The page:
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Pilot life
A B-52H Stratofortress pilot discusses flight plans with his team on the flightline at Barksdale Air Force Base, La., Jan. 25. The B-52 air crew members ride together on a bus from the 2nd Operations Support Squadron to their jet. This provides them with time to discuss any important mission-related details prior to their departure. (U.S. Air Force photo/Airman 1st Class Andrea F. Liechti)(RELEASED)
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A day in the life of a B-52 pilot

Posted 1/26/2012   Updated 1/26/2012 Email story   Print story

    


by Airman 1st Class Andrea F. Liechti
2nd Bomb Wing Public Affairs


1/26/2012 - BARKSDALE AIR FORCE BASE, La.  -- His alarm clock rings long before the sun comes up. Pushing snooze isn't an option, as this B-52H Stratofortress pilot has a mission to fulfill. His morning briefings begin at 4 a.m.

Capt. Kristopher Rorberg, 2nd Operations Support Squadron instructor pilot, is ready to complete any mission put in front of him.

"I've always wanted to join the Air Force and become a pilot," Rorberg said. "Earning my wings in 2004 was just the start of it. I've been preparing for new missions ever since."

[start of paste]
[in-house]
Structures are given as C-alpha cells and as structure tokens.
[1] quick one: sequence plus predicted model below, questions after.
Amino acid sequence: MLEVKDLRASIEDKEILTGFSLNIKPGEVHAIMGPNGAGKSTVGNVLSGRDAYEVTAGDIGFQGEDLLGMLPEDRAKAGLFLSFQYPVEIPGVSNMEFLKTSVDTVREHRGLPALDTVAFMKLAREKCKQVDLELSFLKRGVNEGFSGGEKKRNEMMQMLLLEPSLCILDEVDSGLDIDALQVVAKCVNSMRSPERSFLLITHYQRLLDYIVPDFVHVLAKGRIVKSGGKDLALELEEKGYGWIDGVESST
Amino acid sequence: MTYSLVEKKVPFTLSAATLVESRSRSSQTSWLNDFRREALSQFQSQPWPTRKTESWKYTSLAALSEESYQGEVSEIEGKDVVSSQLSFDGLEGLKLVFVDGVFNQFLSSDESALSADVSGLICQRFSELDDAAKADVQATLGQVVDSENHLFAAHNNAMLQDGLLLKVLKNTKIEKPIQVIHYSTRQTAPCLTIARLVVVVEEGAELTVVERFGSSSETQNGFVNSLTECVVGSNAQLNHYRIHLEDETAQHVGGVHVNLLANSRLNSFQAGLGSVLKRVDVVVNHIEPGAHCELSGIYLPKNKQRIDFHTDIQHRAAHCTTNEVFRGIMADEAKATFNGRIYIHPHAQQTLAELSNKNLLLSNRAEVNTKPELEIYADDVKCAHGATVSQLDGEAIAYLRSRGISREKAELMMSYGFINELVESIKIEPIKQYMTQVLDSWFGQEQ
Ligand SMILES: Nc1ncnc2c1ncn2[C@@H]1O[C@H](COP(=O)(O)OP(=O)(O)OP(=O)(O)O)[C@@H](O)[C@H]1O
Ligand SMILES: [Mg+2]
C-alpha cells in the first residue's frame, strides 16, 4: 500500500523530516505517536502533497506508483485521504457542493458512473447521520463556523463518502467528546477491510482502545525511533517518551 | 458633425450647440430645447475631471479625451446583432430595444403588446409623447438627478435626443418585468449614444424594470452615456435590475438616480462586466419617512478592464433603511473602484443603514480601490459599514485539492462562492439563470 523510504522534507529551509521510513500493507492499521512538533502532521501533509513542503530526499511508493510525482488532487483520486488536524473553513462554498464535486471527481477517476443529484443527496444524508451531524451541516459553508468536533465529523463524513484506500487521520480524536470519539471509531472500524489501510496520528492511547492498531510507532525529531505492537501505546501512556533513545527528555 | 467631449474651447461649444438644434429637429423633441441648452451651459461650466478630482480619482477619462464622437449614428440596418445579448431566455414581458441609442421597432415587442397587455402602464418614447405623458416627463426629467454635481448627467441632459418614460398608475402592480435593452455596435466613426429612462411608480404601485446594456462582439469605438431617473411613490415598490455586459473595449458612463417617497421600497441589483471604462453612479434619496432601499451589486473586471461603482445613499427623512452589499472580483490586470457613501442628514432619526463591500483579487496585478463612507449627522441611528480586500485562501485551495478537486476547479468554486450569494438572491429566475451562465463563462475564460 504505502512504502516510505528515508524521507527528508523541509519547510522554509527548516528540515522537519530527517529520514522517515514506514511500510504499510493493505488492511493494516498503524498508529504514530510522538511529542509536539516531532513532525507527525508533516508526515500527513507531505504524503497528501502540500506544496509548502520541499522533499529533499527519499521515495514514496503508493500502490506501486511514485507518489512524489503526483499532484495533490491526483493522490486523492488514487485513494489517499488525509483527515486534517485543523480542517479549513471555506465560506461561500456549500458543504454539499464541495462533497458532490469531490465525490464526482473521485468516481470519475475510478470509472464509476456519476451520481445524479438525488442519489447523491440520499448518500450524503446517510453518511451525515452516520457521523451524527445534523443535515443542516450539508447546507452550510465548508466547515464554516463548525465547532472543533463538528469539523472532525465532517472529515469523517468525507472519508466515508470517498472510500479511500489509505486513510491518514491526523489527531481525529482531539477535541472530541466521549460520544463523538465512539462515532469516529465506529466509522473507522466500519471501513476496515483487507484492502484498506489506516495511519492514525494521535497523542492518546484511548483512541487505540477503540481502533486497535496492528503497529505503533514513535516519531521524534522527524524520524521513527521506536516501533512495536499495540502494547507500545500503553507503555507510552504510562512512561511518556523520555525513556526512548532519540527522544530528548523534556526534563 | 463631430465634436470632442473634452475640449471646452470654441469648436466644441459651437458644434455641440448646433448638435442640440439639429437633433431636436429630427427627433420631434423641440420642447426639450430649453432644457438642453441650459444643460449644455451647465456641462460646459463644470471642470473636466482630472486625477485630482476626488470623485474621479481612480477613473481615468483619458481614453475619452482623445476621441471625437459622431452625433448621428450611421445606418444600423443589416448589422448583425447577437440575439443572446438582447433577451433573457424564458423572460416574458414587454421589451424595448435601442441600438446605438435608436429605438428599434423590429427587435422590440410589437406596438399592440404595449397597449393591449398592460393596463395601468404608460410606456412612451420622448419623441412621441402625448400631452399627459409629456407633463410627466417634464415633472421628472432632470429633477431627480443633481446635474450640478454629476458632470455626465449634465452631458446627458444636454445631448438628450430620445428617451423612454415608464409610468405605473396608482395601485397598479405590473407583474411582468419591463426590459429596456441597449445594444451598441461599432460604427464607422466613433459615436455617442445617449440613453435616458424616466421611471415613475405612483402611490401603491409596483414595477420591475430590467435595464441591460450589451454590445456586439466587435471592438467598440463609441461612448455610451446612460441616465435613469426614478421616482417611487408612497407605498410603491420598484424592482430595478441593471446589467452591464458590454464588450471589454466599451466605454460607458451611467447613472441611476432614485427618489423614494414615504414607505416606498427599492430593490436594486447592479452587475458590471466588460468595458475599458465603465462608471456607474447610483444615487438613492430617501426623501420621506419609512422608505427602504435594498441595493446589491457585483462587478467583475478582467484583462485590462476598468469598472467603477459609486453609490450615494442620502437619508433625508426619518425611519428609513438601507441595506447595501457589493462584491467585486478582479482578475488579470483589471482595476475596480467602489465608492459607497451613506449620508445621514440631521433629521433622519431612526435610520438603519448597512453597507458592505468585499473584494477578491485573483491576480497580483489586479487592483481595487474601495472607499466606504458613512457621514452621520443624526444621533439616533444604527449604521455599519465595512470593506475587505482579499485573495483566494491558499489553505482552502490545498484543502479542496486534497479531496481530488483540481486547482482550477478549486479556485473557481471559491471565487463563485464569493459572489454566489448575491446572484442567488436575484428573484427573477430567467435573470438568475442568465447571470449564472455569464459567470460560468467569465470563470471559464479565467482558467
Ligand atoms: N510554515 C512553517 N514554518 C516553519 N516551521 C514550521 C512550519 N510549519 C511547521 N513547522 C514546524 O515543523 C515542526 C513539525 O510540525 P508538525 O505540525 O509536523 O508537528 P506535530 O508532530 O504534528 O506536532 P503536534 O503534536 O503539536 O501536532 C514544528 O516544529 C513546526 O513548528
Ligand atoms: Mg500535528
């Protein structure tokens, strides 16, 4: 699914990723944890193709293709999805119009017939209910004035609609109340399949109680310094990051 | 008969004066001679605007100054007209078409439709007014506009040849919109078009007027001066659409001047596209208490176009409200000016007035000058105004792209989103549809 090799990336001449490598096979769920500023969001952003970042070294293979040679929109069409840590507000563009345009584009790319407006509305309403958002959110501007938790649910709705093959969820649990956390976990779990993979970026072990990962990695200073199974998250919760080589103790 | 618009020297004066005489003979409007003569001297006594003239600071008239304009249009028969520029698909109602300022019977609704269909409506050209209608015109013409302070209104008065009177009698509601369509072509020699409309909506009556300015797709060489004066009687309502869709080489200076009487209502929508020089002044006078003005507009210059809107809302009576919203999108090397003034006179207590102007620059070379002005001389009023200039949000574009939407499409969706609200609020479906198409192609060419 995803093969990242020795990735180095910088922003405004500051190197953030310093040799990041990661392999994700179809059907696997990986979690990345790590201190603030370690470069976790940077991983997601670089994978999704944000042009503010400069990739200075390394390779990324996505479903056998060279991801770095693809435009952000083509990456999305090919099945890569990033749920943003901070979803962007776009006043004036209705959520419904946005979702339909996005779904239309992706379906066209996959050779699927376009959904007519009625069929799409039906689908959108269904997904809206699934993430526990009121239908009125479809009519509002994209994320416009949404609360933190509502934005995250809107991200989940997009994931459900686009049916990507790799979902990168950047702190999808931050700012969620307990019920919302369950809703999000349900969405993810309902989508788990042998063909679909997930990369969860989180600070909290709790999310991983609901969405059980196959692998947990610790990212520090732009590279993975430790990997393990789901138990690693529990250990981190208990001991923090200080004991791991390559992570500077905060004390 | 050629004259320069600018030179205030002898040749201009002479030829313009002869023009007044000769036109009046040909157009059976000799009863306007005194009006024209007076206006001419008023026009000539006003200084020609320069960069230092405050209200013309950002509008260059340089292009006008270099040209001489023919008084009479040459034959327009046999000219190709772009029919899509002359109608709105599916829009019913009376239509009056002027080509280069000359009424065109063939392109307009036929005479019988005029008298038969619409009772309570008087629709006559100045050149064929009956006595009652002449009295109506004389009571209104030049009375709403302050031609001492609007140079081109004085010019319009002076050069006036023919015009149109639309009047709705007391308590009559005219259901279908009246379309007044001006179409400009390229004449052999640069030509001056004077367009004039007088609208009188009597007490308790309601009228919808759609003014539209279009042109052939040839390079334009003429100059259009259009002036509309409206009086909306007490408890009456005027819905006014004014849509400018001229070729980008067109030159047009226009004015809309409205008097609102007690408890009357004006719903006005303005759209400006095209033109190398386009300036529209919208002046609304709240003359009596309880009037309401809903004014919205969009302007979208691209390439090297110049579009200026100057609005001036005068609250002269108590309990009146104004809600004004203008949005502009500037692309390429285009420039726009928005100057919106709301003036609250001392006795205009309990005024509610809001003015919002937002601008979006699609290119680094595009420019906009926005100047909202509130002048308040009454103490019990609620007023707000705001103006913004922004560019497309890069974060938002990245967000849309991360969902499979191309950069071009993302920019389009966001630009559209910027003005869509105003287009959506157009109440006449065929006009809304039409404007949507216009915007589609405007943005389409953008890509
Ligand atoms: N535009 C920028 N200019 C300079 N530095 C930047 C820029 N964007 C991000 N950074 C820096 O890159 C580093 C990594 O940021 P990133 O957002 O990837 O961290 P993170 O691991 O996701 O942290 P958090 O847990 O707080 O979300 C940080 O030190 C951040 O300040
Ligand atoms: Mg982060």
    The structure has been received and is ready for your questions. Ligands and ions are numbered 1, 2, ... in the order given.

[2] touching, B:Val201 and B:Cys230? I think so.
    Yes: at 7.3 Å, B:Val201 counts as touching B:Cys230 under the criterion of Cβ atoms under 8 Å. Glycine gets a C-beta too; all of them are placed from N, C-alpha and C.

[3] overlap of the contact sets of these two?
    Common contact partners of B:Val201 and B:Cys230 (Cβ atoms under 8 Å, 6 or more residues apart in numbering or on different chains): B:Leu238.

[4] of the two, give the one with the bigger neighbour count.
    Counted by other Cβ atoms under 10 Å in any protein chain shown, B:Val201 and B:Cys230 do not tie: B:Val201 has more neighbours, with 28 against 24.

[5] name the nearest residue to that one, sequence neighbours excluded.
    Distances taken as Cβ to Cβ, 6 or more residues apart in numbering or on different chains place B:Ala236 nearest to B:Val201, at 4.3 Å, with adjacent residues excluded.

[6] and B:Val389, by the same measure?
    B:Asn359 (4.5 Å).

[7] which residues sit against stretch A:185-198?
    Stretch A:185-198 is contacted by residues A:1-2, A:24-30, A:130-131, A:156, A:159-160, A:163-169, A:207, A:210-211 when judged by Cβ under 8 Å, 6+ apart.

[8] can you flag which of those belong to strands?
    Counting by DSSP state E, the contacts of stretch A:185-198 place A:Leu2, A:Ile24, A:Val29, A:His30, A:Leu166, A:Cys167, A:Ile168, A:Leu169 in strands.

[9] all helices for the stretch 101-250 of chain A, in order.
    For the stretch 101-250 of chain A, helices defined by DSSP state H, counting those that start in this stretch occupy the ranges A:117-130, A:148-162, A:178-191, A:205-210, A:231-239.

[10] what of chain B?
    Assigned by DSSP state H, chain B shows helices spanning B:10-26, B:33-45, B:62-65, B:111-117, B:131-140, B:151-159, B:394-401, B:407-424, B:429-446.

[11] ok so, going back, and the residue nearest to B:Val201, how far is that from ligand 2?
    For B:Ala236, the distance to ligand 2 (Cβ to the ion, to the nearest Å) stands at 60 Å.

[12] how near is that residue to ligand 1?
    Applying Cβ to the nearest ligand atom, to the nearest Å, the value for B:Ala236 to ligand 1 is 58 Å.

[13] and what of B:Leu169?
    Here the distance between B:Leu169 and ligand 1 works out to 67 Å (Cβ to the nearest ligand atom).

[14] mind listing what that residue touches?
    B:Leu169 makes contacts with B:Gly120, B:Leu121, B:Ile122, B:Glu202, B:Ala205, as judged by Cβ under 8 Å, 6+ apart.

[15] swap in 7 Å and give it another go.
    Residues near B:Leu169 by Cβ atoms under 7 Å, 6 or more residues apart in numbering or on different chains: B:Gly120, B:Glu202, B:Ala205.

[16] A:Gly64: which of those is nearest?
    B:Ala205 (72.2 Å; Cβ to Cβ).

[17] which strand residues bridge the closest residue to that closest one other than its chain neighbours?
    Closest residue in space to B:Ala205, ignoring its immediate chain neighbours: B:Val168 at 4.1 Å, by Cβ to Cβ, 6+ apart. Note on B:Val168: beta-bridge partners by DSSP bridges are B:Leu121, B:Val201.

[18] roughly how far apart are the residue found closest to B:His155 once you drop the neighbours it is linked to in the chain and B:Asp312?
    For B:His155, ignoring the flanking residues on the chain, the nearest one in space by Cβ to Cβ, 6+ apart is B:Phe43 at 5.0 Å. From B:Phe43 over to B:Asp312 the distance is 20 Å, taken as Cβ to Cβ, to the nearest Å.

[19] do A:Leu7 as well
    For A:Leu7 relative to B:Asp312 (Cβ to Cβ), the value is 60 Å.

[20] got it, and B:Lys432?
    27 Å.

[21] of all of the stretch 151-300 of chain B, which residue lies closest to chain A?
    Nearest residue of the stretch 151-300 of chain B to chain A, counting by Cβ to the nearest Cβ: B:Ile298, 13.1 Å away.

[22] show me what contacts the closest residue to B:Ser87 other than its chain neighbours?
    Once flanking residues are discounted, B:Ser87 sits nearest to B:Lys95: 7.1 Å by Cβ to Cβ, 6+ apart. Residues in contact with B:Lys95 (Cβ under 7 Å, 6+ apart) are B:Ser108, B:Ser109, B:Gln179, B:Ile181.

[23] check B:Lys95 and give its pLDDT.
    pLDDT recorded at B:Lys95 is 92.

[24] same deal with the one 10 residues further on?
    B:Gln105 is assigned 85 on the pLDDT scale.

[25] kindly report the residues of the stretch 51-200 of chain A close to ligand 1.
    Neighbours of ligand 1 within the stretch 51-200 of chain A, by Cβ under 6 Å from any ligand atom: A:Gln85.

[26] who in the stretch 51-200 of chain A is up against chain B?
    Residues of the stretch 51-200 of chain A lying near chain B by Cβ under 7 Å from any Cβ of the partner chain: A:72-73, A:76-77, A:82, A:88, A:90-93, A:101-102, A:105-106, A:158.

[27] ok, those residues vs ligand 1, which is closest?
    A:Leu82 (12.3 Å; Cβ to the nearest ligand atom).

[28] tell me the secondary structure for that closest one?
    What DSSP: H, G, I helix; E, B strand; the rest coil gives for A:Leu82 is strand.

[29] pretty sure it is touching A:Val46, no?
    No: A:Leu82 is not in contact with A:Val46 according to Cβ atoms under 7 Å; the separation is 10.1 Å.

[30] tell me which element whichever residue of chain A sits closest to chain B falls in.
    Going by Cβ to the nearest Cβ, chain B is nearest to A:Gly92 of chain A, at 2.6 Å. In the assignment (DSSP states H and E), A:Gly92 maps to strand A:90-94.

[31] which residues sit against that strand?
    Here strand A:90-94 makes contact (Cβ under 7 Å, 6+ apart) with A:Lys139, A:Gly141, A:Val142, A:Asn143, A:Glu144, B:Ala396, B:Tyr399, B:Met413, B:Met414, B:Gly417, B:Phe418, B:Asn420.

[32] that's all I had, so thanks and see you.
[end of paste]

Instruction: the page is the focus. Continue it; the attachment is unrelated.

The flight crew spends the day prior to a scheduled mission listening to mass briefings. The mission briefings usually last eight hours and must be completed at least 12 hours prior to the start of the next mission. This allows the flight crew to get adequate sleep before departure.

Various topics are covered during the eight-hour briefings. They encompass why the mission needs to be completed, how it will be completed and try to foresee barriers to prevent problems. The pilots, co-pilots, navigators, radar navigators and electronic warfare officers are also given time to share their experiences to help their counterparts prepare as effectively as possible.

"We spend time discussing previous missions that have gone well and not-so-well on previous flights," said Rorberg. "It gives us a chance to learn from each other. We're all better because of it."

There are three skill levels of pilots in the Air Force. They include co-pilots, aircraft commanders and instruction pilots.

The initial level is a co-pilot. This pilot spends a lot of time training with more experienced pilots to gain as much real-world flight knowledge as possible. The co-pilot must fly with an experienced pilot for approximately two years after he has earned his wings. This will allow him enough experience to become an aircraft commander.

An aircraft commander is authorized to fly without an instructor. This pilot needs to clock as much flight time as possible to earn his way up to being an instructor pilot.

As an instructor pilot, Rorberg's job is to make sure the pilots he trains soak in as much information as possible.

"I want them to walk away from any flight with me feeling as though they've gained tons of additional knowledge," Rorberg said. "I love leading the crew, teaching as an instructor pilot and having an impact on their lives."



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